We cooked outside today. Daniel wanted to make homemade ravioli and decided on beet and spinach as the flavors for the pasta. I mostly just assisted, but I did collect some awesome photos of the experience.
The colors were perfect. The day was fast-paced and time went by entirely too quickly (as did the light). But at the end, we looked at the disaster of a kitchen, high-fived, and blasted music while we cleaned.
My favorite quote of the day: "I don't know how I'm going to write a recipe for this, I didn't write down a god damn thing." -Daniel
We leave for Austin one week from today. To call it an adventure would be an understatement.
Scroll down for Daniel's account on the day.
There is no recipe.
This week I wanted to make soul food. Not necessarily food that comforts, but food that you invest yourself in. Food that you can see yourself in.
This week I found out my grandfather had cancer. The only way I knew how to make myself feel better, was by cooking. I wanted to do something I had never done before, something I had never thought of before. This was the result.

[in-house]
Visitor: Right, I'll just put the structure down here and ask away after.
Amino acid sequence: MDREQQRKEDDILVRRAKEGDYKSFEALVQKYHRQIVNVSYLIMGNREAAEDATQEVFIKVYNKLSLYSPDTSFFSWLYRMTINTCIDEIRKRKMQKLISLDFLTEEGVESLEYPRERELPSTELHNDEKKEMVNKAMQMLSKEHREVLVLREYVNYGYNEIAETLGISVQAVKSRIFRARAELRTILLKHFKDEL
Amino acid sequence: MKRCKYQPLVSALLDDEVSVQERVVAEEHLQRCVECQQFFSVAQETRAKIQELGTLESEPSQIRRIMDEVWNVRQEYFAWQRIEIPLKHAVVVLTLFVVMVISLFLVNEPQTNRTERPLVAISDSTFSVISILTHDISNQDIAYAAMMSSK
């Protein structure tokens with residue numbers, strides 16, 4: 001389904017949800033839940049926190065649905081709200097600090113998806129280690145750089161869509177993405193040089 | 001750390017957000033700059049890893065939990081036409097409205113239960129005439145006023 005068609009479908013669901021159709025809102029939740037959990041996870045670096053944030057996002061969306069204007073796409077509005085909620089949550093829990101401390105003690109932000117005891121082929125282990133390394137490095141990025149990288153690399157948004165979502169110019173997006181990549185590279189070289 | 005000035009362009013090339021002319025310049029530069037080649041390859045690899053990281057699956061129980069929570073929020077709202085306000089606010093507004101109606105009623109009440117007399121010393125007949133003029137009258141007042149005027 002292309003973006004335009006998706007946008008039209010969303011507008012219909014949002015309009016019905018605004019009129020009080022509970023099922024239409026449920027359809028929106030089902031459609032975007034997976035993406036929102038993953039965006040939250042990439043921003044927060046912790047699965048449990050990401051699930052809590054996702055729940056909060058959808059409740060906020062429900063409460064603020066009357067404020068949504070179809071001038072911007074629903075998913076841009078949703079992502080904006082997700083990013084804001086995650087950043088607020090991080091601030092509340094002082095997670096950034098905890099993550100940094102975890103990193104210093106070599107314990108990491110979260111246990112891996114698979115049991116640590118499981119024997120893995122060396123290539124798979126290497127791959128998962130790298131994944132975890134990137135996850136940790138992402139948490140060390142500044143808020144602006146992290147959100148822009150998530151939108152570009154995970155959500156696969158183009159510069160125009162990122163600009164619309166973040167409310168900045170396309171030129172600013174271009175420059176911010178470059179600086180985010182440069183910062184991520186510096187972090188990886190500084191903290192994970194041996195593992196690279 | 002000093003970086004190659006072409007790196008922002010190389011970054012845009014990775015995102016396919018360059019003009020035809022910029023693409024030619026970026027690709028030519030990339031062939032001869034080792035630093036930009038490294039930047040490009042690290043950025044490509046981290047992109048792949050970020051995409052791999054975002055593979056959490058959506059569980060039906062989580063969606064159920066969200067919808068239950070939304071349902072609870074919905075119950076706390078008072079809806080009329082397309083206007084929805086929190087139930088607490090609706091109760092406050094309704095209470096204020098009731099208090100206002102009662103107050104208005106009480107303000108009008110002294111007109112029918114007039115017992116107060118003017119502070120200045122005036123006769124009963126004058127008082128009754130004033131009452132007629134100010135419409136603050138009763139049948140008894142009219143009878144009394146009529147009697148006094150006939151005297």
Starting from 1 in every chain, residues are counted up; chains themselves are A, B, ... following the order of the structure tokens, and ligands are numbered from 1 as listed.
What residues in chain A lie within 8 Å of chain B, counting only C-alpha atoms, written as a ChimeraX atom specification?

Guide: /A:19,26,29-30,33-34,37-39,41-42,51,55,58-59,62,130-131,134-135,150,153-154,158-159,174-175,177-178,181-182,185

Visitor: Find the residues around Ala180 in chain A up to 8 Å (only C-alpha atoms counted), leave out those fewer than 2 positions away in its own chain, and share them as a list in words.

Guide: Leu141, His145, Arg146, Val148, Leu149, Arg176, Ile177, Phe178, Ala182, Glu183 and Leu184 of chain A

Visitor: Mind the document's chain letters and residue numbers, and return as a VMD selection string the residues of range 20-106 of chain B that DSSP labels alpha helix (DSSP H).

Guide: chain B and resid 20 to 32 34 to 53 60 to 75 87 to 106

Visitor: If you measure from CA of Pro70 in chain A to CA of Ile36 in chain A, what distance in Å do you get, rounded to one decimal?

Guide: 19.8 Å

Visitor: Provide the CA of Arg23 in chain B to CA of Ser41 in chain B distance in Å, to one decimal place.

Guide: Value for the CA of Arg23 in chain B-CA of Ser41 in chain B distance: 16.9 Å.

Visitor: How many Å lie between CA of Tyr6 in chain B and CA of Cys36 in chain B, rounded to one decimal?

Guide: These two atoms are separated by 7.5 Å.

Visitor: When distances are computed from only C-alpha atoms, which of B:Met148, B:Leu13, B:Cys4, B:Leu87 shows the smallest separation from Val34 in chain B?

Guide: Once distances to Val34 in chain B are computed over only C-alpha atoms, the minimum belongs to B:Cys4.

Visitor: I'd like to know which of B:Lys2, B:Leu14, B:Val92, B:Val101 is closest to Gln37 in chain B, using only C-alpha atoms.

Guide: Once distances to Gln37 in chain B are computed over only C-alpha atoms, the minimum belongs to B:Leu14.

I wanted to make something that took time, took effort, and took thought. I wanted to make something that took care.
I've always lived under the impression that no recipe will be created the same, perfect way, twice. It's about flavors, balance, and personal tastes. So this week, there isn't a recipe. There is just taste.
The first dish is spinach pasta with nutmeg infused ricotta and oozy egg filling topped with a butter sauce. The sauce is butter.
I fried shallots in butter, added garlic puree, white wine, more butter, and finished with Parmesan. It’s salty, and hearty, and pairs against the sweetness of the nutmeg infused cheese.
I wanted the egg to accentuated the flavors of the cheese, and I wanted the sauce to balance the sweetness of the filling. I grated Parmesan and lemon over the entire dish to give it a balance of brightness and savory.
The second dish is beet pasta with a goat cheese, hazelnut, and sautéed mushroom filling and served it with a fresh spring pesto. I wanted to experiment with the pesto and bring spring flavors into a classic sauce. I used basil as a base and added mint and blanched pea puree. I also added hazelnuts instead of pine nuts. This created layers of flavor to make the dish more complex and each bite more thoughtful. I finished the plate with freshly chopped basil and raw goat cheese.
These dishes weren’t easy. They took forever. But they were fun.
There was a lot of time, energy, thought, and heart that went into each bite.
In the end, that’s exactly how food heals.